Overall, I'm not sure Coupland knew what he was really trying to do with this book. There is not enough acute observation and depth to be a genuinely human, or humane, piece of work. However, it is not out-and-out funny, provoking a few smirks rather than guffaws, and is not as wacky or as smart as it would like to think it is.

This wouldn't make me want to rush out and buy the entire back-catalogue. But it wouldn't totally put me off, either. Neither one thing nor another.
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6 of 8 people found the following review helpful By Marvin Fenderson on 5 Nov 2007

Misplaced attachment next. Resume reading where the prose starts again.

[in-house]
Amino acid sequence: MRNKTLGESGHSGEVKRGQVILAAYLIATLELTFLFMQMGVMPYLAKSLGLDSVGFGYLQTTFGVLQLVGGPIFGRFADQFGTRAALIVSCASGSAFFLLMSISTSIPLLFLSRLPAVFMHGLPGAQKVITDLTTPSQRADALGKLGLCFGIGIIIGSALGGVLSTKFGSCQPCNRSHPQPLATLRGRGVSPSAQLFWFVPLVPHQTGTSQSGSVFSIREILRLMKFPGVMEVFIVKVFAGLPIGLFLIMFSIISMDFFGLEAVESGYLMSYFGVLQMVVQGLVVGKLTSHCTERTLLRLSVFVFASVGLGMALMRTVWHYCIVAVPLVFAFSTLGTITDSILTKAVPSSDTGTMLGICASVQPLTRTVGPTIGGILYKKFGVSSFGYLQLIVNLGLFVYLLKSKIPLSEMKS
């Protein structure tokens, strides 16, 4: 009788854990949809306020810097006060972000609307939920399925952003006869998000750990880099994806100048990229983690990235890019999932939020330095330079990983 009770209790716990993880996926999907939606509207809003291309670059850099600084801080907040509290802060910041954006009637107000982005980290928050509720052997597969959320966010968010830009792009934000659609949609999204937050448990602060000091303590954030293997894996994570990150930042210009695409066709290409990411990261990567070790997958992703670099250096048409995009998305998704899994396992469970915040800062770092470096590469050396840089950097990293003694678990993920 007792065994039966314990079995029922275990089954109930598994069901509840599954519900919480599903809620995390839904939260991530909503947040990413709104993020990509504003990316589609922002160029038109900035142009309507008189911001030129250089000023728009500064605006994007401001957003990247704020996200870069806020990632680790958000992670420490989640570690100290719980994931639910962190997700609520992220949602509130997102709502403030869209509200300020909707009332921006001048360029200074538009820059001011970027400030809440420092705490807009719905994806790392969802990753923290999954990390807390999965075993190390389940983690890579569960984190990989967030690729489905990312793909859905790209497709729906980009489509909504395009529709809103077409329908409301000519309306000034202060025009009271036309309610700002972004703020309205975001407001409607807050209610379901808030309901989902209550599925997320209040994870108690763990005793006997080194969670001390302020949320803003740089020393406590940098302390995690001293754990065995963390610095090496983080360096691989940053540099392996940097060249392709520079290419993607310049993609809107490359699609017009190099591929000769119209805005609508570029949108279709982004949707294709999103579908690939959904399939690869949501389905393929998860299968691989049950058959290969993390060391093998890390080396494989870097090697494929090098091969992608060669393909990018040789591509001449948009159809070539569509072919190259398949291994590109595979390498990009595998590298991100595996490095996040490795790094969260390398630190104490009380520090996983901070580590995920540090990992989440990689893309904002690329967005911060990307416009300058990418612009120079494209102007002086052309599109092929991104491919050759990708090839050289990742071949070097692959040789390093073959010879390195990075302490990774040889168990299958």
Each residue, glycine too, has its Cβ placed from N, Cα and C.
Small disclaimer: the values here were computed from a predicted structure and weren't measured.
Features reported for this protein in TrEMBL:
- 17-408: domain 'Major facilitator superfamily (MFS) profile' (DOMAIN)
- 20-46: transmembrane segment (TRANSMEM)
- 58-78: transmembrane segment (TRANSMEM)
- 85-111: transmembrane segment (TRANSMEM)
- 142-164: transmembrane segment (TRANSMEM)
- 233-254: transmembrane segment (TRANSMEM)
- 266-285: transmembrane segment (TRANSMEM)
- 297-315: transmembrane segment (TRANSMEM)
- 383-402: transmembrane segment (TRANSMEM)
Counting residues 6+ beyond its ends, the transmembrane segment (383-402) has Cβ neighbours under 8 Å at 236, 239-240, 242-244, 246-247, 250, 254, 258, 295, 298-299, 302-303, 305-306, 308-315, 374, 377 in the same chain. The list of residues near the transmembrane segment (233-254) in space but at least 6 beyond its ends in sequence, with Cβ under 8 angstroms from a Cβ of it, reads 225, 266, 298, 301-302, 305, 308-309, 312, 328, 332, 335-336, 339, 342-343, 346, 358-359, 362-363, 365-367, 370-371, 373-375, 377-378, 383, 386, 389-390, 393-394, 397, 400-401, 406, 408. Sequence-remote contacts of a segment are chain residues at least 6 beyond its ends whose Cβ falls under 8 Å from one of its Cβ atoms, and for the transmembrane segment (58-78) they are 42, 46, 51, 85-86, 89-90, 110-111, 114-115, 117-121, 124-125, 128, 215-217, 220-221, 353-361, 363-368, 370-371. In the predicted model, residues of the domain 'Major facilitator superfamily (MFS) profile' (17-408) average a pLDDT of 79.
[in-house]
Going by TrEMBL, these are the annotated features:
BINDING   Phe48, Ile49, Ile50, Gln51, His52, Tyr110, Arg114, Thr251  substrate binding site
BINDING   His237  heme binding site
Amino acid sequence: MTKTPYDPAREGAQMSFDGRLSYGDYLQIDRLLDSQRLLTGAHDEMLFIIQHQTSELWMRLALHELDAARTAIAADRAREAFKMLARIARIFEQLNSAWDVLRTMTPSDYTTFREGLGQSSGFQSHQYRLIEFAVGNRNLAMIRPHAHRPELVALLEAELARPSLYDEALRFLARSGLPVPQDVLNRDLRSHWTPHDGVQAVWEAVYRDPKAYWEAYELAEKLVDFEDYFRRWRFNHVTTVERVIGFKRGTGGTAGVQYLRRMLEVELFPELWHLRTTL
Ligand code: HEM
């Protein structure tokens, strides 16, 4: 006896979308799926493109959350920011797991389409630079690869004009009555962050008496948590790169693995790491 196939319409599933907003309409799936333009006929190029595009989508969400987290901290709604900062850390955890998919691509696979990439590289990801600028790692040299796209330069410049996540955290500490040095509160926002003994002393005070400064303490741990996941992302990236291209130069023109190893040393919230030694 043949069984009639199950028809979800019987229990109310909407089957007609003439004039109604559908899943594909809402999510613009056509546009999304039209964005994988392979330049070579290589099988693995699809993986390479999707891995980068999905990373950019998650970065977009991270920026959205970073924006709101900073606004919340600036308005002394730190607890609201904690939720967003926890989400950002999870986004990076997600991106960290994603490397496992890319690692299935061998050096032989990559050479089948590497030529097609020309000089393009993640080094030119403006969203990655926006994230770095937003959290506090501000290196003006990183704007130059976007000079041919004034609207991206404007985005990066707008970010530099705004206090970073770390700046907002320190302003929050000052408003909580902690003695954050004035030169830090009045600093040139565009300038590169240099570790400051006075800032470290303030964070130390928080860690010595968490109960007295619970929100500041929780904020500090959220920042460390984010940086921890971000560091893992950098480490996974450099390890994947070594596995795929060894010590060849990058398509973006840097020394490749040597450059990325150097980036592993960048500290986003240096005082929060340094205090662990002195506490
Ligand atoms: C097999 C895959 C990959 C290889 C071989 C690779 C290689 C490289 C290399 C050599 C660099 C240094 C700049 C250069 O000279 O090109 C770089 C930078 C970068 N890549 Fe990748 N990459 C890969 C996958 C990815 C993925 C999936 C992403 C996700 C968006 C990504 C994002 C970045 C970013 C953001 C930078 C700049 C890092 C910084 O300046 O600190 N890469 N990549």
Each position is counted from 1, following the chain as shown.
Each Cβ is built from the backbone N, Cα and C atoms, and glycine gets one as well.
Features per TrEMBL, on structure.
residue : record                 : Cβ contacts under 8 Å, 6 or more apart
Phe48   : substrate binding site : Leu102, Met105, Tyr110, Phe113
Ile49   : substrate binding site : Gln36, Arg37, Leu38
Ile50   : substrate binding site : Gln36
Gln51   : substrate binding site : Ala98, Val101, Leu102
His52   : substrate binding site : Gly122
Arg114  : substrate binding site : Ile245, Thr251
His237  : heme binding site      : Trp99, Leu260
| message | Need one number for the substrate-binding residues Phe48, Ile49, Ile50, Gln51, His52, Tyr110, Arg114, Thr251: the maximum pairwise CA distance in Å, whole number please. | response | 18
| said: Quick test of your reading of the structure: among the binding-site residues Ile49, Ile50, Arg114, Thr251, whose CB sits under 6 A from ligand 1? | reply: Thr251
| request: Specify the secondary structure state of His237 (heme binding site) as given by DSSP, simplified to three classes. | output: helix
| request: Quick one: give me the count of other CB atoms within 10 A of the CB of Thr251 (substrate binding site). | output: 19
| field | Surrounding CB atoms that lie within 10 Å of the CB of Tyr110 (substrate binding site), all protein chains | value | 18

Format: Paperback
The Gum Thief is a novel within a novel, but worse, it's a novel about a novel about writers. There's a lot of opportunity for this to become tedious nonsense, and it doesn't always avoid that. Coupland does a pretty good job of making the outer story readable, and its characters interesting. Unfortunately the inner novel, Glove Pond, intentionally written to be awful, lives up to that intention much too well, making it hard to stop oneself from just skipping whole chapters.

I wish Coupland had stuck with the initial idea used at the start of the book of having one character write as if they were another.